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What are my rights?

(4 Posts)
onceortwice Fri 05-Oct-12 09:21:19

Background: Been with DH since 1999, married since 2007. 2 children now 4 and 3.
Dh has always been a bit controlling - monitors emails, PC usage, texts etc., Has frequently had problems with what I've written here / elsewhere, what I say to friends. Several times, he has made me cut contact with friends and he also made me rehome our dog because he no longer liked the mess.
Yesterday, he accused me of having an affair with a chap who has been working in our house. He called the chaps up and had it 'clarified' that nothing was happening (my word wasn't good enough). He went really quite mental, so much so that I moved both children into one bed and slept with them.

Now he has 'clarification' that nothing is / was / would ever go on, he's calmed down completely and thinks I should 'get over it'.

If we split, what could I expect? My DS (4) has SN so I would want the house + child support and some maintenence. Is that unreasonable?

mrsfuzzy Fri 05-Oct-12 10:07:54

unreasonable???? NO! i've been in this situation with young children and a drunk for a husband who could work but chose not to, he was controlling, accusing etc. over time i became so down at heel, until i comtenplated killing the kids and myself, then something happened and he went to prison for 8 weeks, i
took the chance and with instigation of a friend i contacted a solicitor for advice.my solicitor gave me the strength to break free, i think if you feel at risk of violence etc then call today, as you are married he would have the right to stay in the maritial home until things are finalised but in my experience, my ex got the message and moved out, the letter from my solicitor helped, saying if he laid a finger on me or the kids i would have himremoved by the police and a restaining order set up. as you have children and you are the main carer the courts would most likely let you stay put until a defining event occurs i.e you remarried. c.s.a is there to help you and ALWAYS get them to collect payment, they can attach payment orders to your ex,s wages, benefits etc so you at least get something. maintainance for you depends on how long you,ve been married, living together time doesn't count as there is no such thing as a common law wife [except medival times]. please, please get things moving today, make discreet inquires, you love your children do it for them, better to be apart from a troublesome parent thanliving in an atmosphere of tension, little ears listen and minds think about things, give them the happy childhood and happy mum they deserve. if you can get back to me, i'll give you moral support, YOU CAN MAKE A CHANGE!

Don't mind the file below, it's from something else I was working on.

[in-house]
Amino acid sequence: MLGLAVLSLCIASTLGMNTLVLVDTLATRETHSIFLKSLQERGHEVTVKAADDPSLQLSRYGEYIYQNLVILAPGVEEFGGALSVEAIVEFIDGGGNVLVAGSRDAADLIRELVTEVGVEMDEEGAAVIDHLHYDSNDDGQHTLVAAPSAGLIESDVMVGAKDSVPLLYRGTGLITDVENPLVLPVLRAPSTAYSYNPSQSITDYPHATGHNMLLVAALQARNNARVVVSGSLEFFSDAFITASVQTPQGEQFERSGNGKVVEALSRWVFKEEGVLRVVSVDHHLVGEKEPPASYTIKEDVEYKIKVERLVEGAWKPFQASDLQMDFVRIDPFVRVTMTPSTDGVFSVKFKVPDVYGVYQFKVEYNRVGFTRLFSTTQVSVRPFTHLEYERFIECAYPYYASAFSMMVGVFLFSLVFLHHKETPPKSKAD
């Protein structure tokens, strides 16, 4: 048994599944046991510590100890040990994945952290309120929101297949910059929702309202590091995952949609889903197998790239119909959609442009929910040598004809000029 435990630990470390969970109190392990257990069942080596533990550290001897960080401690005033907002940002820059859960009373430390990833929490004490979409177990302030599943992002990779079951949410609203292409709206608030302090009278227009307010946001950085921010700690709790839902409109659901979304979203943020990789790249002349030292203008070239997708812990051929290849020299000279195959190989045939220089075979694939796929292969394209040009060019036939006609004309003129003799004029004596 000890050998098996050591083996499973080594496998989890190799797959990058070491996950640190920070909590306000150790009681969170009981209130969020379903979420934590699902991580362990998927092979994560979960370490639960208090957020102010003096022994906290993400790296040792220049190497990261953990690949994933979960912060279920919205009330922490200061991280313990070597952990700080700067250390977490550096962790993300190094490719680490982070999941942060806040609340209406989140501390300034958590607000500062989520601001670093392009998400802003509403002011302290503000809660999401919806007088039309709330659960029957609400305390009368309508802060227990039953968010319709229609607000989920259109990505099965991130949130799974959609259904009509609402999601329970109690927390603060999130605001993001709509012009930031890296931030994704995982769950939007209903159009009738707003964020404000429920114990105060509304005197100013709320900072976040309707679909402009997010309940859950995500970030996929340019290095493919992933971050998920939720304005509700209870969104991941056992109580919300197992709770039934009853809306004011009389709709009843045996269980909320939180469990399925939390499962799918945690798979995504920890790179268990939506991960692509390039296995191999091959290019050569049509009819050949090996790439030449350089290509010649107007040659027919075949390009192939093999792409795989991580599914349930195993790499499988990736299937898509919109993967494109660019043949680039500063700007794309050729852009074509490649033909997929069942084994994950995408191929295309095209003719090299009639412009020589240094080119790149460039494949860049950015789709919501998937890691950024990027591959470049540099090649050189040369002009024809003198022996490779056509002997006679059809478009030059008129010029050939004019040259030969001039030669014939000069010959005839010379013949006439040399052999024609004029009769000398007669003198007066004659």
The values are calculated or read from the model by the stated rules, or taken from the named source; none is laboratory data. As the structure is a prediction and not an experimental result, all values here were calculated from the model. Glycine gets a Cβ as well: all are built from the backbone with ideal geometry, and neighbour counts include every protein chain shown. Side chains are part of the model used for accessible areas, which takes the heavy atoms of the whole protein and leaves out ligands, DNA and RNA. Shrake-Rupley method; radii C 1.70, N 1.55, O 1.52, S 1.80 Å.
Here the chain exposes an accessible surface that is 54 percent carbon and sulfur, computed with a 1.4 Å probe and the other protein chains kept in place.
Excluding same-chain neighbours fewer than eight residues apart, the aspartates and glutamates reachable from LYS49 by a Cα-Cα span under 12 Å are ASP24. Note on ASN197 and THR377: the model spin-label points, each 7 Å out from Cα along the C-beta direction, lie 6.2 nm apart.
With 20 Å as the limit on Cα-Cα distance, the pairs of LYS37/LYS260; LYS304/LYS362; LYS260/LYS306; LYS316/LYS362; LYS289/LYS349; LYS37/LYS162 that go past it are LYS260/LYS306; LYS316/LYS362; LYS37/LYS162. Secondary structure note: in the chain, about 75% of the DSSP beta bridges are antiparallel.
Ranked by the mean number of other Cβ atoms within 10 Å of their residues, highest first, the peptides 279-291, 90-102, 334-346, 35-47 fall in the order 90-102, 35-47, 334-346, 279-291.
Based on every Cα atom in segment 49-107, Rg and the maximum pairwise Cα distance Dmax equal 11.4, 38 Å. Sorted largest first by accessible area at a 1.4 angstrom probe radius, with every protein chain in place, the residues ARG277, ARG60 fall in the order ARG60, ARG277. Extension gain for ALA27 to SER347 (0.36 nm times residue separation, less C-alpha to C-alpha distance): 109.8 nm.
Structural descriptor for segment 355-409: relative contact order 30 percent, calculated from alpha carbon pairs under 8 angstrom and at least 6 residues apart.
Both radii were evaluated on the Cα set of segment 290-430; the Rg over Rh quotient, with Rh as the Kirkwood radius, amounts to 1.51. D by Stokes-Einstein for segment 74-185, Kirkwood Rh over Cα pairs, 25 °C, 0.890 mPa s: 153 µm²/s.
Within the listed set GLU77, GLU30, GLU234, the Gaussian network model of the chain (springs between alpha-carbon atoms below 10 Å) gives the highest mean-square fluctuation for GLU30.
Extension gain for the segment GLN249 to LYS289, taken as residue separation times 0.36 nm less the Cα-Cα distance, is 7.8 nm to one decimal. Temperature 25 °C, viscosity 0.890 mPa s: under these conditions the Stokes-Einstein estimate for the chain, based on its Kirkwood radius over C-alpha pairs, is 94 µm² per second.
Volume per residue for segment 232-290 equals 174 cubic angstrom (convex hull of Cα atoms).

STIDW Fri 05-Oct-12 10:28:21

Divorce settlements depend on the overall circumstances and without the specific details nobody can say what the likely outcome will be. The value of any assets (including any pensions) held in joint or sole names minus any liabilities forms the "pot." This is shared according to a checklist of factors in s25 Matrimonial Causes Act 1973. The needs of dependent children under 18 are the priority, in particular for housing.

Check out what state help you will be entitled to. It can take many months or even years to go through the process of divorce and sort out the finances so you need to think about the finances in the interim.

Then a good starting point is to research local property prices and both parties mortgage raising capabilities. If the children are to live with you most of the time you will require more substantial housing than your husband but he also needs a property suitable for the children to stay. When the former matrimonial home is larger than required it may need to be sold to release equity to enable both spouses to rehouse. If the FMH isn't that big it is a question of looking at your mortgage raising capabilities to see if you can afford to take on the mortgage in your own right. IF your income is less than your husband's you won't be able to raise the same amount of mortgage as him and that may well justify sharing the assets in your favour.

The CM Options website has information about voluntary child maintenance agreements and the CSA. There is a calculator for working out what you would get under the CSA rules.

Spouse maintenance depends on the needs of the recipient and the ability to pay of the other spouse.

The comments above are general and it's a good idea to see a family solicitor early on to find out where you stand and what options there are in your particular case even if you then decide to go away and negotiate a settlement yourselves.

STIDW Fri 05-Oct-12 10:37:10

PS I don't entirely agree with mrs fuzzy. The courts will now consider the nature and duration of co-habitation before marriage. When there are children and joint finances it's possible for a period of co-habitation to be added to the length of the marriage and the duration of the relationship to be taken into account.

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